West Slope demonstrators prove peaceful

By Ellen Miller
WESTERN SLOPE CORRESPONDENT

GRAND JUNCTION — On Friday, Aug. 15, the Associated Press was estimating that “the visit by President Barack Obama to Grand Junction could draw thousands of protesters.” But crowds fell far short of estimates, and Saturday dawned on a peaceful city.

“It was a very successful event,” said Heather Benjamin, spokeswoman for Mesa County Sheriff Stan Hilkey. “We were prepared for the worst estimates, but none of it transpired. Things couldn’t have gone better.”

She said the largest group congregated near Central High School, site of the president’s town hall meeting, where demonstrators were kept some 500 yards away from the building along Warrior Way.

An estimated 1,000 people, divided roughly equally between pro and con, lined each side of the street hoping to catch Obama’s eye when his motorcade went past.

One side chanted, “Yes, we can!” The other chanted, “No, you can’t!”

But Obama and his party were taken into the high school parking lot through another entrance, and once the demonstrators realized it, most departed.

About 200 law enforcement officers from local, state and federal agencies were on hand. There were no incidents and no arrests.

A “Hands Off My Health Care” rally, promoted by a raft of conservative groups, drew a mostly calm crowd of perhaps 800 people to Lincoln Park, according to police estimates.

Sponsors of the anti-Obama rally included demonstrators representing Responsible Health Care Reform, Tea Party and 9/12er conservatives, Americans for Prosperity and the Western Slope Conservative Alliance. Earlier in the week, organizers said 3,500 to 4,000 people would take part, but the crowd fell far short.

“There was the Palisade Peach Festival, a free day at the (Colorado National) Monument and everything else everybody does on summer weekends,” Benjamin said.

Many in Lincoln Park brought homemade signs, and those who didn’t could get them on site. Some proclaimed “Hands Off My Health Care,” and others suggested “JoinPatientsFirst.com.”

One sign read “Born free but taxed to death.” Others compared Obama’s proposal to Hitler’s extermination of European Jews. A smattering of other homemade efforts included “Real health care respects life,” “Hope — Change –Pork,” and “Salazar: Be a patriot, not a politician. Vote No on ObamaCare.”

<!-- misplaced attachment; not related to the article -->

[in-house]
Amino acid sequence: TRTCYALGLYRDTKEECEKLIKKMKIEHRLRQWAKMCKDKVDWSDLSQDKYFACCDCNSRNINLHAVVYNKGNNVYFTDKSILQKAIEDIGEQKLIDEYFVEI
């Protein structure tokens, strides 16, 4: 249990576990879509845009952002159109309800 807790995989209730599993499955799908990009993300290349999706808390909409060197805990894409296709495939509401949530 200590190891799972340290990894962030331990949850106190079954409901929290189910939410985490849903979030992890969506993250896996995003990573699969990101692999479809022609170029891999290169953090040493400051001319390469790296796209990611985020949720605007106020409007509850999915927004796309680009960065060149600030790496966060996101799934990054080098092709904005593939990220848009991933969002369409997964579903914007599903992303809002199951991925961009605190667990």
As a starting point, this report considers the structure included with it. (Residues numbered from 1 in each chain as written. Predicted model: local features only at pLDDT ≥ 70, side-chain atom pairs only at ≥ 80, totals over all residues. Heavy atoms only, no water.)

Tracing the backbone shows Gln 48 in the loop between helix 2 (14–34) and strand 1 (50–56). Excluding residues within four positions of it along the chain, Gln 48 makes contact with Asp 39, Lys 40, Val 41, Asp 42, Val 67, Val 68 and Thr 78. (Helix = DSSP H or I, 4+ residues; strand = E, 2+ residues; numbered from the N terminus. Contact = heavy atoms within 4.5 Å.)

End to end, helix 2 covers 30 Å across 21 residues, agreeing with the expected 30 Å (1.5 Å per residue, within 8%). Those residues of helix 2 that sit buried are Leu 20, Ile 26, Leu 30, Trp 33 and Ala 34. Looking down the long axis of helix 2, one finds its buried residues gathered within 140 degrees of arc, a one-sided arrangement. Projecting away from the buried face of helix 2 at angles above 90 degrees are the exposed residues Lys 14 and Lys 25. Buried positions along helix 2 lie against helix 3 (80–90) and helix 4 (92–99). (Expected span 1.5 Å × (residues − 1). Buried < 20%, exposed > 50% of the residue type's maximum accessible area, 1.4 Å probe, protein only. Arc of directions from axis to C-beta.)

State Sen. Josh Penry, R-Fruita — a GOP candidate for governor — led off the speeches, decrying the “top-down Washington-based health care system” promoted by Obama.

“The American people are rejecting government-run health care,” he said. “We do not want socialized medicine.”

U.S. Rep. Jason Chaffetz, R-Utah, urged tort reform, portable health insurance and not putting “a government bureaucrat” between doctors and patients.

“This is for CNN,” Chaffetz prompted the crowd. “Do you want Obama care?”

“NO!” the crowd shouted back.

A man in the crowd later said to Chaffetz, “You tell (Obama) that he’s a spoiled brat and he’s already spent his allowance.” The man declined to identify himself.

Pro-Obama demonstrators began gathering at the high school shortly after noon. A small musical group played and water was distributed as temperatures soared toward 91 degrees.

Christina Hoagland, of Grand Junction, an occupational therapist who has a brain-injury disability that prevents her from working more than 20 hours a week, said she supported the president’s health care reform, “because as it stands now, I can’t get health insurance. And you’d be amazed how many people I see can’t afford it or can’t get it, either.

“People eat organic, take vitamins and hope for the best,” she said. “If you absolutely need to go in, you take it out of savings. Our yearly checkup is the 9News Health Fair.”

As he waited in the line for ticket-holders, Sam Trainor, of Fruita, said his job allows him to have insurance “because the individual is affordable. But to cover my family is out of reach. I don’t envy the president at all. He’s inherited 50 years worth of junk.”

“Nobody’s happy,” Trainor said. “Even people on Social Security and Medicare think it’s not government. It’s scary. A friend’s son broke his elbow, and it was $38,000.”